'Field spectroscopy' is a general term describing a number of related techniques used to investigate the reflectance properties of Earth surface materials in-situ, normally under solar illumination. Most often, the aim is to measure the spectral reflectance of vegetation, soils, rocks or water bodies, in which case the term 'field spectrometry' is more appropriate. A purist might argue that 'field spectroradiometry' is better still, but the contraction of 'spectroradiometry' to 'spectrometry' is widely accepted and understood.
Field spectroscopy (FS) has many applications in remote sensing generally, but the focus of the material presented here is on its role in the calibration and validation of data for terrestrial applications. Within cal/val, FS is used to characterise ground targets for use in vicarious calibration and atmospheric correction, and to validate remote sensing measurements and models.
Progress in Field Spectroscopy (pdf, 3Mb)
A review of the subject, focusing on developments since the late 1980s. The paper describes the physical basis of the subject and evaluates the different methods and instruments which have been employed across a range of studies. The development and use of field goniometers is described, and related to methods for estimating the bidirectional reflectance distribution function (BRDF) from directional reflectance measurements in the field.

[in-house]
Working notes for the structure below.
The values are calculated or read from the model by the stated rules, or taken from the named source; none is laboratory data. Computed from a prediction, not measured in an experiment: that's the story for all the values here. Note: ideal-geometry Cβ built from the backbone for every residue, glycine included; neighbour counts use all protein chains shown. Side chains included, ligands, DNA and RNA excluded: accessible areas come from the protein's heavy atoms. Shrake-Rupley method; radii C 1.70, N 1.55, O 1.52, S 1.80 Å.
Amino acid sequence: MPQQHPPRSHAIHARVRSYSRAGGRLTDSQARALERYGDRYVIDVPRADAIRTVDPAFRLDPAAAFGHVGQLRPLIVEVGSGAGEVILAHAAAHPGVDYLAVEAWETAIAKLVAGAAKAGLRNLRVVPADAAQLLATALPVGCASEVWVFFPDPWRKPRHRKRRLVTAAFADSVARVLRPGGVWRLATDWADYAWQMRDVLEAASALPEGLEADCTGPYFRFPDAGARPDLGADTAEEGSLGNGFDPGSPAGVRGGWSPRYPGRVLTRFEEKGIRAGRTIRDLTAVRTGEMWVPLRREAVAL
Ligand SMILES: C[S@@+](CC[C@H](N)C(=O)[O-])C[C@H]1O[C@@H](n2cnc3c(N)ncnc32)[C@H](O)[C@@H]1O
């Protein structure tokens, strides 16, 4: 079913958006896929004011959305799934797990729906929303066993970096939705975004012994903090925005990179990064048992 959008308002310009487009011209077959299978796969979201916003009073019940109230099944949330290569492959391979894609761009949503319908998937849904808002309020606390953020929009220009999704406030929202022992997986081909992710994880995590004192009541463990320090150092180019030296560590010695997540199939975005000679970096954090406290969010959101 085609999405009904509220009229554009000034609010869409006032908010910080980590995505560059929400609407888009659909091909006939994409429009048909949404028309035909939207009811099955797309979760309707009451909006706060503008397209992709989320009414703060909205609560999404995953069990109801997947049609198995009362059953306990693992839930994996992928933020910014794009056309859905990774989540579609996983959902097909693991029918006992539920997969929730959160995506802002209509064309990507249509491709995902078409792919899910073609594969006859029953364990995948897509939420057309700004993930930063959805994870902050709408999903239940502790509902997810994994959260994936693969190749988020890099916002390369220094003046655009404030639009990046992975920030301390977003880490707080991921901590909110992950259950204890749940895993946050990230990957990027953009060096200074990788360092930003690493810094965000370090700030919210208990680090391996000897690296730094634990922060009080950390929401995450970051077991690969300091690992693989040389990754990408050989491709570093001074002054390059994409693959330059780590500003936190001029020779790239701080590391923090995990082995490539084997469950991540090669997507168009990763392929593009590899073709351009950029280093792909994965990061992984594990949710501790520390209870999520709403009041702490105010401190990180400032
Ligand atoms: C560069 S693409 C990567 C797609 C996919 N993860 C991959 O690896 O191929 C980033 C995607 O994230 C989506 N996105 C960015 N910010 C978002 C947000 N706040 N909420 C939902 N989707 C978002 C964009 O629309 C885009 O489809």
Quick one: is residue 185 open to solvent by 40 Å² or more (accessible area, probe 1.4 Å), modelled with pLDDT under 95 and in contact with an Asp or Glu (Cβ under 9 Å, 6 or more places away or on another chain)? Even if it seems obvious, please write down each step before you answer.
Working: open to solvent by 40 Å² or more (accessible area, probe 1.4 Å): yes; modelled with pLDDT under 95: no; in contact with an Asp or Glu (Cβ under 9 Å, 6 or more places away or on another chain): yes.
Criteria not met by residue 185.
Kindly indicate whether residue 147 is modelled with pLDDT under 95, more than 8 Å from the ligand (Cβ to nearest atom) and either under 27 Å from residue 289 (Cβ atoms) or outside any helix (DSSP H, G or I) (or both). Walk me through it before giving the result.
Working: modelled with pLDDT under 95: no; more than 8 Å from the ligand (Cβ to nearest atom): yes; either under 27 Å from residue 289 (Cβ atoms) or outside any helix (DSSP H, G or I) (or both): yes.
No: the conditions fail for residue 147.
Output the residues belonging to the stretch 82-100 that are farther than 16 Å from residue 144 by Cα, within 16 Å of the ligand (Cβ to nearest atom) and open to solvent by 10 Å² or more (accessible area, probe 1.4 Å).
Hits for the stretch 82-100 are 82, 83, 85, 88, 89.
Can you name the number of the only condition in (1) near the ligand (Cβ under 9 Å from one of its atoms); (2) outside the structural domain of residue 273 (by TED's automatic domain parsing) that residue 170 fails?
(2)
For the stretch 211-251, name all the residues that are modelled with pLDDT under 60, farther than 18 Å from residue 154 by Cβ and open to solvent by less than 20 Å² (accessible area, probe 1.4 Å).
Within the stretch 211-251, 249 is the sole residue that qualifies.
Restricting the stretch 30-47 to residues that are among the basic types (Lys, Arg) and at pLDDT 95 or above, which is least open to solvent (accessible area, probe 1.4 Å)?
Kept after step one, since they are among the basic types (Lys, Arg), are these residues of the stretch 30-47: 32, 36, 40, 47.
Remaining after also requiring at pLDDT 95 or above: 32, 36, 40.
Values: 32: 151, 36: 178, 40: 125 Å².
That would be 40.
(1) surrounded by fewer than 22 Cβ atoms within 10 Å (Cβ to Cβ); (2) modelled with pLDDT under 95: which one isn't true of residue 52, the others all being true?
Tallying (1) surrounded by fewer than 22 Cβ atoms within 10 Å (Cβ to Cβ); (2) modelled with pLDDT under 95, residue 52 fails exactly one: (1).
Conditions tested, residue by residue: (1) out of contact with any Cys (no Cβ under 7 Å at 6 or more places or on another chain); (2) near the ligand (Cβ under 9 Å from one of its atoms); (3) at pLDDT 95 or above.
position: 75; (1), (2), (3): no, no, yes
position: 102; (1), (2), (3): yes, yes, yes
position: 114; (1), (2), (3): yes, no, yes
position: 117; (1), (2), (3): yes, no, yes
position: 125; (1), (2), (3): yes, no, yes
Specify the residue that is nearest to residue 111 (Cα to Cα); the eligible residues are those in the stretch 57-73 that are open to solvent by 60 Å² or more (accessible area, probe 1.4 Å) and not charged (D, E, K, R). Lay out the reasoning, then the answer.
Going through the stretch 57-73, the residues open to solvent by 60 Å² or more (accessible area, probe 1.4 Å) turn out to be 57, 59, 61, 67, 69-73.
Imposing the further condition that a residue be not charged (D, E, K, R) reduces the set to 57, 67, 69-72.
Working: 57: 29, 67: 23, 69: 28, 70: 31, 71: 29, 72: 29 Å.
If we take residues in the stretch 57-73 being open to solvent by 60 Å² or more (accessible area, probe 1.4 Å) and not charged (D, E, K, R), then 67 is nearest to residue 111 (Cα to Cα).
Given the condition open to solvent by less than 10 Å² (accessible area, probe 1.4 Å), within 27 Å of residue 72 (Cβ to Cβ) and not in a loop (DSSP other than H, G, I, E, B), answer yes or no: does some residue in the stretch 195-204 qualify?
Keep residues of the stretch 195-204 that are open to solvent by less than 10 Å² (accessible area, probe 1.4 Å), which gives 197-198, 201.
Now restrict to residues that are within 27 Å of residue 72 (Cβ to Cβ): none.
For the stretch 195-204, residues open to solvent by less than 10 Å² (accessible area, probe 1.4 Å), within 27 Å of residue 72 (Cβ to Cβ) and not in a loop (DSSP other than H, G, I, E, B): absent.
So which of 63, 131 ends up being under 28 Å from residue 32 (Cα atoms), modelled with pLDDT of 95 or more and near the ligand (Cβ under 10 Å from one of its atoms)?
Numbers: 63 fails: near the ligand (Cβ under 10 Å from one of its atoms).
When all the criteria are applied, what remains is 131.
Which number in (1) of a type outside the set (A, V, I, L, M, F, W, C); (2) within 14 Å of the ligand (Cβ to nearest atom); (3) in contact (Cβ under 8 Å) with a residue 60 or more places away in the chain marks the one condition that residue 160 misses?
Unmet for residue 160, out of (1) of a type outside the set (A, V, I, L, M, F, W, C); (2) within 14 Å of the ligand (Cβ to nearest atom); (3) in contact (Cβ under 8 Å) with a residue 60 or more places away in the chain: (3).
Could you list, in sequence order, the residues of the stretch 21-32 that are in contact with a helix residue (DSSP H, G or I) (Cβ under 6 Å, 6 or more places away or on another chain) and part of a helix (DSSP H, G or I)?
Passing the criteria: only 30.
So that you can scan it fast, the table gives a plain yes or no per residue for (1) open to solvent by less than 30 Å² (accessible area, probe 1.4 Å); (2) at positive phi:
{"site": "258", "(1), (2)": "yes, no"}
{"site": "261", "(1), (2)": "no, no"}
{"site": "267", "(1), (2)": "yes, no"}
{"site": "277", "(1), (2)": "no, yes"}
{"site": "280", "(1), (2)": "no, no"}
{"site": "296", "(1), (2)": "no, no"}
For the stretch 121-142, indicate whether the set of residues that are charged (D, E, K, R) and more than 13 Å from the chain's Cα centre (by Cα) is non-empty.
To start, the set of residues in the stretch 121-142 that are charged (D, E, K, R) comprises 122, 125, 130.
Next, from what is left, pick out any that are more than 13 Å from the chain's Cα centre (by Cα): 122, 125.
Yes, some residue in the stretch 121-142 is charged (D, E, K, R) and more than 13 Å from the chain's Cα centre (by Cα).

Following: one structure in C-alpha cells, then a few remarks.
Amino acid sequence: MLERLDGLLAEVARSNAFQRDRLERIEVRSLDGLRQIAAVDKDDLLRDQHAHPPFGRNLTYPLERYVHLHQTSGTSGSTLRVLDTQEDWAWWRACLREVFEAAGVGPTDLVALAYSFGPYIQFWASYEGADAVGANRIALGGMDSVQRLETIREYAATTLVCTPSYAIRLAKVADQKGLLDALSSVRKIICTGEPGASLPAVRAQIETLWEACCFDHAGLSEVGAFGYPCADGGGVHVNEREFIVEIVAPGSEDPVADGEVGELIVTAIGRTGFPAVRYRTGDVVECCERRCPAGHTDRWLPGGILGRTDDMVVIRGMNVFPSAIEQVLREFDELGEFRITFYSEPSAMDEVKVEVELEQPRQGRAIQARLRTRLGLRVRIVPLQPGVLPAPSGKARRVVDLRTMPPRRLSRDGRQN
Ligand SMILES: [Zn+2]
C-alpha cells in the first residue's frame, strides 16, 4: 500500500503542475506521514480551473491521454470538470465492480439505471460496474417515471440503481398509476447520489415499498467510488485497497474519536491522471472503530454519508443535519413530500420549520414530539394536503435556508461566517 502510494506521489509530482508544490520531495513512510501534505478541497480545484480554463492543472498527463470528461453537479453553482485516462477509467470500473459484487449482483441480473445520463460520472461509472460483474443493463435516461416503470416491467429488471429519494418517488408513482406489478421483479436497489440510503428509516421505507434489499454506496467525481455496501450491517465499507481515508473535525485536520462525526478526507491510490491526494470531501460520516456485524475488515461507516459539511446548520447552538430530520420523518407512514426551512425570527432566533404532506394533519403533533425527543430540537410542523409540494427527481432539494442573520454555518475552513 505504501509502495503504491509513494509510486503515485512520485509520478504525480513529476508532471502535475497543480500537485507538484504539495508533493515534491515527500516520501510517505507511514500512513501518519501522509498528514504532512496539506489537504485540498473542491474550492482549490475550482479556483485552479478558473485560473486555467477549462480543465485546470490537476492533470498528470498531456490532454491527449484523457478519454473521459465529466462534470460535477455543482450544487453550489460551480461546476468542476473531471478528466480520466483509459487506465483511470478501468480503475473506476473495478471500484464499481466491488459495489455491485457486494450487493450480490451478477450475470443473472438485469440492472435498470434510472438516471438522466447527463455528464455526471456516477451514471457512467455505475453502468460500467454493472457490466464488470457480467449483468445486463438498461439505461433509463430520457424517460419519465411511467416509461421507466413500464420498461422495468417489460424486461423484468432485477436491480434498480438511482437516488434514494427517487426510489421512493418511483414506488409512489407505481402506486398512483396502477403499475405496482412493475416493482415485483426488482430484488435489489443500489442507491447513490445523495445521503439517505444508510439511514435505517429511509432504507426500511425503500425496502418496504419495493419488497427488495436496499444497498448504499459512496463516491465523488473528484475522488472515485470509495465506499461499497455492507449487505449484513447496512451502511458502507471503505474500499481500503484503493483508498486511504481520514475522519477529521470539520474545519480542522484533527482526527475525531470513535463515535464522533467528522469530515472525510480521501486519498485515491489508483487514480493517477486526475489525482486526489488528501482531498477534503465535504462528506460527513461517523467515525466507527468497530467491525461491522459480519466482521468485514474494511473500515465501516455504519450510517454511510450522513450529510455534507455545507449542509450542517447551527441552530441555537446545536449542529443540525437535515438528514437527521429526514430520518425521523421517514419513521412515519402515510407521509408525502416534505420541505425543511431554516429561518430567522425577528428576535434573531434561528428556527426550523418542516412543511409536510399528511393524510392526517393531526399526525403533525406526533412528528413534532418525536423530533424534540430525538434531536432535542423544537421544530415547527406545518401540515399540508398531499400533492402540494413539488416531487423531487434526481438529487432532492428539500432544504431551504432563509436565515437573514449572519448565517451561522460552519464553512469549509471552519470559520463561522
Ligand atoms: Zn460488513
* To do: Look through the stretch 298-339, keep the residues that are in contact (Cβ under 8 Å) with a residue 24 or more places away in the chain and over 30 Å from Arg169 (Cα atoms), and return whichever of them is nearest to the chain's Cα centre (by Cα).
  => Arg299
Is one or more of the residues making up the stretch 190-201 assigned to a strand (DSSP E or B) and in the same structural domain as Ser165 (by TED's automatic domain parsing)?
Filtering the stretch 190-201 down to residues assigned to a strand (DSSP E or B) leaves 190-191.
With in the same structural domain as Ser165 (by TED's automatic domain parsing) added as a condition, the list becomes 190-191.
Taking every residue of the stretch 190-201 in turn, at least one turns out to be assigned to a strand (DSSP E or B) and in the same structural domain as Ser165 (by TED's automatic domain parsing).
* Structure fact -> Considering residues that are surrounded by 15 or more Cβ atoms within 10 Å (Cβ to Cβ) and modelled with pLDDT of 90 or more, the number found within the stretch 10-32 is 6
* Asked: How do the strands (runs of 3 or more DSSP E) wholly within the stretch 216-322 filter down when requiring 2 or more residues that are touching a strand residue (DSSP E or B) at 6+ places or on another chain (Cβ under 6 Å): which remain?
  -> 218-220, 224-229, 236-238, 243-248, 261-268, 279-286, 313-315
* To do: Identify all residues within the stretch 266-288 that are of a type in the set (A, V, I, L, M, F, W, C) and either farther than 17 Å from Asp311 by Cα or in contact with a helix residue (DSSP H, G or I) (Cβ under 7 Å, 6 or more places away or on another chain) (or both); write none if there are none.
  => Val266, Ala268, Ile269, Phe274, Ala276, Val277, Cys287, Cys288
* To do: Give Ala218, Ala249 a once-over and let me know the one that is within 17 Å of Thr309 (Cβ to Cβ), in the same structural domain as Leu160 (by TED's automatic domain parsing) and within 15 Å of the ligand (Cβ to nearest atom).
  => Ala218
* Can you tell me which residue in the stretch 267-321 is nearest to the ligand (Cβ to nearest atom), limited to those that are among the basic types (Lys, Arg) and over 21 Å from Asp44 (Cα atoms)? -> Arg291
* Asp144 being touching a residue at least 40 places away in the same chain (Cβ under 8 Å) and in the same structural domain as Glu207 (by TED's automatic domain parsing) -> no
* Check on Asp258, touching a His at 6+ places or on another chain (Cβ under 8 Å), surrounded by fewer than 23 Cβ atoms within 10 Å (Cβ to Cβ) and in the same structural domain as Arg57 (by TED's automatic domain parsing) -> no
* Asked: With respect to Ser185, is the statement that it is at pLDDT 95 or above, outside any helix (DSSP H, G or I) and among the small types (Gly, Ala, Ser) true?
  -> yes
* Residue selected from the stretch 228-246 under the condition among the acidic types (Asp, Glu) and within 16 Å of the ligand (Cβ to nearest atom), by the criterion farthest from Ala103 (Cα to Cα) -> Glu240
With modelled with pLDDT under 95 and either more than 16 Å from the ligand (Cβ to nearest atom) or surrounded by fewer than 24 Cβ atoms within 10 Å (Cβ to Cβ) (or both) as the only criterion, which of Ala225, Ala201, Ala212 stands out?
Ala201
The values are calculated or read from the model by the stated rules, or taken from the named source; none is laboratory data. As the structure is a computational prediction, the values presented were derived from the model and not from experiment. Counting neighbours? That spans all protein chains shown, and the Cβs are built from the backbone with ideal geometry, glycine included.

Roger Clark and colleagues from the US Geological Survey have produced a very useful tutorial describing how they use field spectroscopy to perform atmospheric correction of AVIRIS data.
NERC Field Spectroscopy Facility
This facility is one of around 30 NERC Services, set-up to provide researchers in the UK with access to high-quality equipment and a source of advice and training in field spectroscopy. The facility is currently setting-up a calibration service for users.
Discussion forum hosted by Analytical Spectral Devices, manufacturers of the FieldSpec range of spectroradiometers.
Software for field spectroscopy and BRDF visualisation can be found on the Links page.
This work is licenced under a Creative Commons Licence.